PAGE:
Have you ever heard of Death to Spies? It’s a somewhat niche WWII version of Hitman, where players take up arms as a Russian spy doing his part in taking down the forces of the Axis. It’s a relatively little-known and relatively old series that has its loyal following but has never really grown enough to be considered a serious contender to Hitman, its only real competitor. Death to Spies (and its respective successor, Moment of Truth) was a very difficult game as well, with some strange design choices that sometimes went against the philosophy of gameplay, strangely enough. Now, it may well befuddle you to see me speaking about Death to Spies here but believe it or not, it is the predecessor to Alekhine’s Gun.

Predecessor or not, there are some major changes to the gameplay of Alekhine’s Gun compared to both of the developer’s previous outings. Whereas there were quite a few differences between the older Hitman games and Death to Spies – regarding gameplay in particular – Alekhine’s Gun sometimes handles virtually exactly like Contracts or, say, Blood Money. Easter eggs aside, there have been moments where I found myself wondering just how similar could these games get, as Maximum Games, the developers, have clearly been taking advice from Eidos’ book. And I absolutely mean this in a positive way, because Alekhine’s Gun delivers in a manner that I haven’t had the chance to see in quite a while, and is sure to thrill those who loved any of the older Hitman titles. Those who enjoyed the specific of Death to Spies, though? Hmmm… I’m not quite so sure about that.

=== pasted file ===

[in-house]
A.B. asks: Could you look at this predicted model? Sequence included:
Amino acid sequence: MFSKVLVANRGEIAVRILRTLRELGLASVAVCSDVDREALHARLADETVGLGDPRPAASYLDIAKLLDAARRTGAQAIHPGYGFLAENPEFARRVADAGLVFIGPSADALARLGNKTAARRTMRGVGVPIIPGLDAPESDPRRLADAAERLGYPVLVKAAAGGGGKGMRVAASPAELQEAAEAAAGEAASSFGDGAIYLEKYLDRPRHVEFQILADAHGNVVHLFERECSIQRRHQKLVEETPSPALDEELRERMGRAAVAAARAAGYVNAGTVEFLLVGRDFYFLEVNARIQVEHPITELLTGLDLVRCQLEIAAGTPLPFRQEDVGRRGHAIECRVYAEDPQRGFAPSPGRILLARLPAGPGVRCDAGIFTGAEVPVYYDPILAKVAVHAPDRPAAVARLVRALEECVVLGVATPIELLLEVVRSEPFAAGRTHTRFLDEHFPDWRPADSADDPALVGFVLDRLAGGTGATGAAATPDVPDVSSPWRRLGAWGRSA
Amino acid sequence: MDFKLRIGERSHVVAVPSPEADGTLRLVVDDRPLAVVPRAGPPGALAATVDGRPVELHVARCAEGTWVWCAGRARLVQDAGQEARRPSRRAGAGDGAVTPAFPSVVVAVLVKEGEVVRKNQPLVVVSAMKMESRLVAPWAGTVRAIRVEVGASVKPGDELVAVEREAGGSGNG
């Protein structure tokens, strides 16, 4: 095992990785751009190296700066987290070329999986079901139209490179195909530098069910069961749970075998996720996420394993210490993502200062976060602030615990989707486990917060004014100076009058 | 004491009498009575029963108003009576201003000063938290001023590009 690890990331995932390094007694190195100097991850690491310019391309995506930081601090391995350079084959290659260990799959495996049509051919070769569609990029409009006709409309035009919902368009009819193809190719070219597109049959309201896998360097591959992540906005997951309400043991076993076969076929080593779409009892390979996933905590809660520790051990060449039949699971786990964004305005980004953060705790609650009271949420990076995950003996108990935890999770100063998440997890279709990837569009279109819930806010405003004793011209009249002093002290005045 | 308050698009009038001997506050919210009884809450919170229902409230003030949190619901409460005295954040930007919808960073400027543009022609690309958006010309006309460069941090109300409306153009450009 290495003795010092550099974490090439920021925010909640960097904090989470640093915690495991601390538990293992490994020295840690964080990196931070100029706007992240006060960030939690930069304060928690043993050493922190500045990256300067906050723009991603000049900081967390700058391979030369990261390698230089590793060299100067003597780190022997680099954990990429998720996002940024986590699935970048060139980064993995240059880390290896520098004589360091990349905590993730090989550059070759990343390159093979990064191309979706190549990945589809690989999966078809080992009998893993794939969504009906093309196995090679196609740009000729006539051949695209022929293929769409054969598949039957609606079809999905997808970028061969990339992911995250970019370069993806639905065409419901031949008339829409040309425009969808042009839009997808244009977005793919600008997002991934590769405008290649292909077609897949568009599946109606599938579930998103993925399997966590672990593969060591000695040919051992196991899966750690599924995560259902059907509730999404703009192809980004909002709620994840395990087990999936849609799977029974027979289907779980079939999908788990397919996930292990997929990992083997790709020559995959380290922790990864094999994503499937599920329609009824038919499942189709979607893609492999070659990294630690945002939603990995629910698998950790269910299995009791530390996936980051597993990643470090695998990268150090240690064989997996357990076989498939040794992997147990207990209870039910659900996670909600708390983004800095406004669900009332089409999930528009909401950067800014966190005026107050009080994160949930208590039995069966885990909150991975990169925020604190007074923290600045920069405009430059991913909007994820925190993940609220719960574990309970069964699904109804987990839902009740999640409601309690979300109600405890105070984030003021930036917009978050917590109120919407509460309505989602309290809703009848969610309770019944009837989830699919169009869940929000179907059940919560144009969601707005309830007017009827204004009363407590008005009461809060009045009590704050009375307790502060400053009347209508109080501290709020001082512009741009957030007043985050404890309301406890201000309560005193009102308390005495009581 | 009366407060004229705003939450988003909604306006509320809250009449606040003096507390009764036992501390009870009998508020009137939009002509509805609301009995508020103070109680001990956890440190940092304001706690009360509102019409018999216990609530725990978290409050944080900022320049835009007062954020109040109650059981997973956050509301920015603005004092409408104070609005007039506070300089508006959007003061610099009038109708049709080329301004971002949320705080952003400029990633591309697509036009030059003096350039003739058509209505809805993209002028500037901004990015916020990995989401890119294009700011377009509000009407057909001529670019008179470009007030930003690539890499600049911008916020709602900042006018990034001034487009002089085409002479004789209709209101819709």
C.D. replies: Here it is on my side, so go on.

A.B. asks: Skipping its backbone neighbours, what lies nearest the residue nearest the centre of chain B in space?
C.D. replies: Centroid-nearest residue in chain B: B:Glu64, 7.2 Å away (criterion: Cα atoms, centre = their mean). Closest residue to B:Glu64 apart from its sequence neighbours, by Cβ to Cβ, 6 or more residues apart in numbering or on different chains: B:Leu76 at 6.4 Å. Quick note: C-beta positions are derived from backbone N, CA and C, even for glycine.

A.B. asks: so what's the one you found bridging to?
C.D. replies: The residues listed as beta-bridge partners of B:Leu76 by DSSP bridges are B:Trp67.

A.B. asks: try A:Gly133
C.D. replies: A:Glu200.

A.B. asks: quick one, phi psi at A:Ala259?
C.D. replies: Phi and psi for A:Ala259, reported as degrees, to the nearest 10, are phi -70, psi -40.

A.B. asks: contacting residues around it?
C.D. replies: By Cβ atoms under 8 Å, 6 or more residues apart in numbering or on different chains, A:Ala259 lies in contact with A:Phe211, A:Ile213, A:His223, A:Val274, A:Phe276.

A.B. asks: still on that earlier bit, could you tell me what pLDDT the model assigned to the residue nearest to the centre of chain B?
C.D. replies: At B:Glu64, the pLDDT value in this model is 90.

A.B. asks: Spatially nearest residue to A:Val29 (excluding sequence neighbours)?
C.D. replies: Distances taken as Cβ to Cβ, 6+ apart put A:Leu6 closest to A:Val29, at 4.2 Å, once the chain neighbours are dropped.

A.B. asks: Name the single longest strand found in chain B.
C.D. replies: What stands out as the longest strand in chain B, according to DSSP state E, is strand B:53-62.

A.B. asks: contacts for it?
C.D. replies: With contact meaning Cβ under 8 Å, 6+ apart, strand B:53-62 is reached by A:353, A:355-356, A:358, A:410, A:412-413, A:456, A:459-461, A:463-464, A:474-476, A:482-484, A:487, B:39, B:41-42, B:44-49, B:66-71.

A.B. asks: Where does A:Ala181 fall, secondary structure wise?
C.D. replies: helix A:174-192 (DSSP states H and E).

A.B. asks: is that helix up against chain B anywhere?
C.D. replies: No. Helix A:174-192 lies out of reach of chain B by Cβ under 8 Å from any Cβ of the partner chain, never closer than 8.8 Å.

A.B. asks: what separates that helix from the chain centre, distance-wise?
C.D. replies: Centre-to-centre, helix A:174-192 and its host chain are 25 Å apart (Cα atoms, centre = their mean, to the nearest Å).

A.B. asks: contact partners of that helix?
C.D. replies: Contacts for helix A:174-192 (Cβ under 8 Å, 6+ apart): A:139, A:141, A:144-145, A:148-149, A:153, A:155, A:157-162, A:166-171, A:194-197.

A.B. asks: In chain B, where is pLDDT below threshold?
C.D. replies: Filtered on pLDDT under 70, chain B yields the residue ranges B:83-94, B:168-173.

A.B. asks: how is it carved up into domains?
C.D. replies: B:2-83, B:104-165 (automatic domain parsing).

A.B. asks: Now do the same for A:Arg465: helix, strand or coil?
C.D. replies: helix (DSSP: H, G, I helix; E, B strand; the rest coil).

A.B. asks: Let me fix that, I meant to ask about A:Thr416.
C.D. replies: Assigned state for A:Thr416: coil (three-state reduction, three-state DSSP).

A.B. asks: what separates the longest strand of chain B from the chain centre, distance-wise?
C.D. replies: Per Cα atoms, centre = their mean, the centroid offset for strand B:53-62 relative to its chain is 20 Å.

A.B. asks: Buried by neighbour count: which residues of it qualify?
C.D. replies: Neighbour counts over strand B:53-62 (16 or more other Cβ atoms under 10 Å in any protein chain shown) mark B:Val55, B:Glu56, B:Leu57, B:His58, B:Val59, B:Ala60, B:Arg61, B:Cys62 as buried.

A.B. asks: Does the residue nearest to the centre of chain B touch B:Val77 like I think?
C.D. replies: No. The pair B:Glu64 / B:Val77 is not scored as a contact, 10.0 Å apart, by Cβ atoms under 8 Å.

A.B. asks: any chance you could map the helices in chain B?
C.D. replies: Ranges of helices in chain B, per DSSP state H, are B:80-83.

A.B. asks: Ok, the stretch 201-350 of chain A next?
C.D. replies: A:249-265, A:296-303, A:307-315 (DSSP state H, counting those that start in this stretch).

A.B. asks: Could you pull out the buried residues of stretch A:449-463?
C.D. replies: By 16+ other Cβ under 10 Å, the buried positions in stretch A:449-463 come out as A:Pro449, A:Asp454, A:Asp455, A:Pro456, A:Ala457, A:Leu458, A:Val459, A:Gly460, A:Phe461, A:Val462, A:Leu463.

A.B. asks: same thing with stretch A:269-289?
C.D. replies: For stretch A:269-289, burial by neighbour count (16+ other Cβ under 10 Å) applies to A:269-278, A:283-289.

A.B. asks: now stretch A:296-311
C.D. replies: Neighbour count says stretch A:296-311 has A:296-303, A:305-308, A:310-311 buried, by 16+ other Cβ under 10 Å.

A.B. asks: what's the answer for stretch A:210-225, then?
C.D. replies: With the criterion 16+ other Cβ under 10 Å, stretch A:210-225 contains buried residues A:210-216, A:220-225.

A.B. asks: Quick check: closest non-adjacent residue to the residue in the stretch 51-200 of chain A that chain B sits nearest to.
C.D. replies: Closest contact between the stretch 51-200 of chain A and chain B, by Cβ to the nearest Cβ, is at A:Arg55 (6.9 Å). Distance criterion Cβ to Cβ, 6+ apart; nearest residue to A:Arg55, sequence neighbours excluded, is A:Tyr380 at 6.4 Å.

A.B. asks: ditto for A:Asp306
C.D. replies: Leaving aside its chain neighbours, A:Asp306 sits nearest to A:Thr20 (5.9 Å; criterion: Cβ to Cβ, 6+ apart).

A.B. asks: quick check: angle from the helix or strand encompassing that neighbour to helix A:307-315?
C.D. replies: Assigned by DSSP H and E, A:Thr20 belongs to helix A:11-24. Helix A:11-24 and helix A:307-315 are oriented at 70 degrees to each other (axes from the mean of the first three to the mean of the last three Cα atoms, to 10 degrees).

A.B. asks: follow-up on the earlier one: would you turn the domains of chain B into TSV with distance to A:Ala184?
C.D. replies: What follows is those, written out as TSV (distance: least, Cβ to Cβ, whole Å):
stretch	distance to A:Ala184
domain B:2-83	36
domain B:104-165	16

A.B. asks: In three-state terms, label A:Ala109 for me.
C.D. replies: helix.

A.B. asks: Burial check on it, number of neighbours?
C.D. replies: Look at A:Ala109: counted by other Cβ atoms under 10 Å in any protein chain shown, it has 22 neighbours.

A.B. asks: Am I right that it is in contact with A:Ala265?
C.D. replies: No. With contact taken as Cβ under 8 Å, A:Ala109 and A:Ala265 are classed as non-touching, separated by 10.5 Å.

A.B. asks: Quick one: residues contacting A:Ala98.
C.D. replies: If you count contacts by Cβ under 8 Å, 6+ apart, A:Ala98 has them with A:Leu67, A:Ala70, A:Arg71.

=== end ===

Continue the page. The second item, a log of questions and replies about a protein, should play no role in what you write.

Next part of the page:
Let me begin by saying that I’ve enjoyed playing Alekhine’s Gun quite a lot. There are a fair few foibles in the design and execution departments, sadly, and I’ll get to them soon, but I feel that it’s important for me to convey the fun aspect first. Having played, finished and played again several times over again every single Hitman game on PC, I was quite hesitant at first. See, the first level is very, very bland and simplistic and doesn’t quite work in the game’s favour, I feel. Thankfully, I persevered (not at all because that’s my job, no sir) and was rewarded with a really good second setpiece. Indeed, the game becomes fun only after you’ve taken down the Nazis… even though you keep killing them all over the world as the game continues. I’ve found the level design to be either really good or truly befuddling and about a third of the eleven stages the game has going for it are downright cumbersome. The third level, for example, begins good enough, only to eventually divulge into a series of rooms filled with guards – almost completely linear, at least as far as that particular section goes. As I said, though, I’ve had plenty of fun with the rest of the mini-sandboxes, so I can’t complain all that much.